Dear mummy, we love Halloween and have scoured the shops to find spooky finds to help us celebrate the witchy weekend. I love picture books which are perfect for toddlers and here’s my top Halloween books for little ones from … Continue reading
Where? You may ask. Where indeed…
Dear mummy, we visited The Moors Valley Country Park in Dorset over the weekend to join other little children on the Forestry Commission’s Gruffalo trail and we were a bit disappointed.
Luckily for us the company of NCT friends and families made it worthwhile for us and a very enjoyable jaunt into the woods.
We love the Gruffalo books and it’s always my first go-to book at bedtime so it’s nice to get the opportunity to met up with the Gruffalo in person.
It’s a cold cloudy January day and Moors Valley is very muddy. We’ve donned our wet weather gear and wellies. We’re all excited to see the Gruffalo and all the other characters out of the book. The Forestry Commission are hosting Gruffalo trails up and down the county at selected woods to celebrate 15 years of the Gruffalo books.
The Gruffalo Book is written by Julia Donaldson and illustrated by Axel Scheffler, that tells the story of a mouse, taking a walk in the woods and coming across creatures that want to eat him, he dodges their advances and evades capture by coming up with a make-believe monster (the Gruffalo ) that he is meeting for tea. After gloating to himself that there is no such thing as a Gruffalo he stumbles on one! Eek! Incase you haven’t read the book we won’t ruin it for you 😉 but is worth a read and based on a Chinese Folk tail of a fox that borrows the terror of a tiger.
The Gruffalo trail is only on until February 2015 so we decided to go have a look, shunning our nearest venue Alice Holt Forest to go further afield with friends. Unfortunately it wasn’t up to much, only one large carved Gruffalo greets us at the entrance to the trail. He’s seen better days! His paint is faded and there is a pool of mud at his feet which is treacherous for puddle jumping kids.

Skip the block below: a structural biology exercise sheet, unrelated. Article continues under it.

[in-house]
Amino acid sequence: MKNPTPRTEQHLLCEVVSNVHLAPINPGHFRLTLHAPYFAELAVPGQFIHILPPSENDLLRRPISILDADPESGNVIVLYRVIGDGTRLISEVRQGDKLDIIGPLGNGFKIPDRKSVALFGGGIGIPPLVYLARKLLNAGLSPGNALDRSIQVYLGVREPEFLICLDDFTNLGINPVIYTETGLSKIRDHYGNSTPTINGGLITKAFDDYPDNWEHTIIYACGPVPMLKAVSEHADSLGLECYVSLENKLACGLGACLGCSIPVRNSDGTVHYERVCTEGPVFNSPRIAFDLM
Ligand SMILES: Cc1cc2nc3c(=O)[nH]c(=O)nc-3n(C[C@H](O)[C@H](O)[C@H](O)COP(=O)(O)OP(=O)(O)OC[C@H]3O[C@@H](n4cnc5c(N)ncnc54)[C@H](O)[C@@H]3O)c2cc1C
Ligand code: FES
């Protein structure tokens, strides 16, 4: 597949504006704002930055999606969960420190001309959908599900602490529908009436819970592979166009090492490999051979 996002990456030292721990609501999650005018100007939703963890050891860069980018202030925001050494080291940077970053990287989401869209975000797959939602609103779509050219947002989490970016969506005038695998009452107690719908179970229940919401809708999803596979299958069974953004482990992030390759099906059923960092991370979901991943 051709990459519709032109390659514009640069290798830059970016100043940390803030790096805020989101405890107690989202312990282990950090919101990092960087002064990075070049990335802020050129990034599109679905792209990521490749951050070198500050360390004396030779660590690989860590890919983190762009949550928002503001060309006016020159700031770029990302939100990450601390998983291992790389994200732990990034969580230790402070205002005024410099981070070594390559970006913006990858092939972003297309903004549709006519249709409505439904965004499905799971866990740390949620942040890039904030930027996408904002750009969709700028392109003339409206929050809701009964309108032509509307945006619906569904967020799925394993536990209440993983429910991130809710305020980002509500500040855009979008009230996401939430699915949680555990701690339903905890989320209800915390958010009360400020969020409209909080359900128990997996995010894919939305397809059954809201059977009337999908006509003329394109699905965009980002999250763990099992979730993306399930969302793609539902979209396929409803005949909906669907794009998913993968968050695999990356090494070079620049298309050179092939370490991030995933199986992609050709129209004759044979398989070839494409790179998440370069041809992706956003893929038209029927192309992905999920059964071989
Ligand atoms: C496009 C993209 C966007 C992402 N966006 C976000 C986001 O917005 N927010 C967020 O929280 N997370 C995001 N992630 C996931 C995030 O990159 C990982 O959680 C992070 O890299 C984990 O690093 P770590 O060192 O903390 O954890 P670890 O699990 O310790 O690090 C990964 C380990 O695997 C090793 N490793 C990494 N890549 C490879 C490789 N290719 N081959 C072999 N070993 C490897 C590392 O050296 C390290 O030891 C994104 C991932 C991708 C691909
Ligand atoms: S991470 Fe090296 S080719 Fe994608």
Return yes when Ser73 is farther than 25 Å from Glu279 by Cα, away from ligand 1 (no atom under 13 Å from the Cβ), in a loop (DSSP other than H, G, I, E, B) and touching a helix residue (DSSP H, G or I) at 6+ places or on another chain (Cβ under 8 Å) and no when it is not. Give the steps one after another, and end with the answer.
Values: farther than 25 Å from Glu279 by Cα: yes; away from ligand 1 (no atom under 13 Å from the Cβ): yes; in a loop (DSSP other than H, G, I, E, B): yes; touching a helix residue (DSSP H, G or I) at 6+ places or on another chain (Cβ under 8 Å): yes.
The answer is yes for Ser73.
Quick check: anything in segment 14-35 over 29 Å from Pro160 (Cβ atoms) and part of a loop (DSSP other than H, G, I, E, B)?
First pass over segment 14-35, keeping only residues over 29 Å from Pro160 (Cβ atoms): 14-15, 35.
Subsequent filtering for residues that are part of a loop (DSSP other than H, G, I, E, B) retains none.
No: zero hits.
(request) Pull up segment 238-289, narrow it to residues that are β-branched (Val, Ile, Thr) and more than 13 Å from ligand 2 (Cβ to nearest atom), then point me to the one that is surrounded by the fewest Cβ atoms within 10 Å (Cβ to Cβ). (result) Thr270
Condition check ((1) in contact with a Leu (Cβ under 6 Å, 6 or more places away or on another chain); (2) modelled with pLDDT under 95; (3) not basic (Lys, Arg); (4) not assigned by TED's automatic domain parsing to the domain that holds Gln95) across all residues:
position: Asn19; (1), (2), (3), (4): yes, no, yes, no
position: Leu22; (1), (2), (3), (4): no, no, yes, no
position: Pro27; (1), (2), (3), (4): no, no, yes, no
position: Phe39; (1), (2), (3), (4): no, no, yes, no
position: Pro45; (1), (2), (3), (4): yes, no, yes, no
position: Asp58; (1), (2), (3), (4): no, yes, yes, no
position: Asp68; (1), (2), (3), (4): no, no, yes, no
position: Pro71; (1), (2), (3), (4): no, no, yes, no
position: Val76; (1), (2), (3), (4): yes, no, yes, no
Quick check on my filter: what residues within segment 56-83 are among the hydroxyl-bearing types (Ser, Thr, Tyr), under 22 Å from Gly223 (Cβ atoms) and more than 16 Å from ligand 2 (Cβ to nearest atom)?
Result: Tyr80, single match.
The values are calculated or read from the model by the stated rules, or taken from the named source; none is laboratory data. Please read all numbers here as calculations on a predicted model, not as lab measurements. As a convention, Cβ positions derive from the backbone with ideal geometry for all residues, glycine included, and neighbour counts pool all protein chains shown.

We spend the next hour walking around paths following way-finding signage which leads to…..nothing. No more giant creatures or climbing logs..just mud and more mud. Not much fun for a toddler. Luckily for me I had friends to play with.
Another thing which put a dampener on the day was the extortionate car parking rates and the cost of food in the cafe. We brought some of our own food and sat and had a picnic but remember to bring bags as there are no bins around. We’re going to head to Alice Holt next month to see if it’s any better. I’d love to see more characters from the book.
Love Bella x
Quentin Blake Exhibition at Mottisfont.
Dear mummy, last Friday we visited one of our favourite haunts Mottisfont. For those that don’t know Mottisfont Abbey, it is a National Trust country estate situated just outside Romsey in Hampshire. It’s sheltered in the valley of the River Test and includes a large manor house which hosts art exhibitions, a winter garden, a walled rose garden and a river walk.
We’ve been in every season and Mottisfont is most spectacular in June when the roses are at full bloom.
Even in the winter months the large gothic trees and immaculate winter gardens are fabulous at Mottisfont. Today we are visiting to see the Quentin Blake exhibition.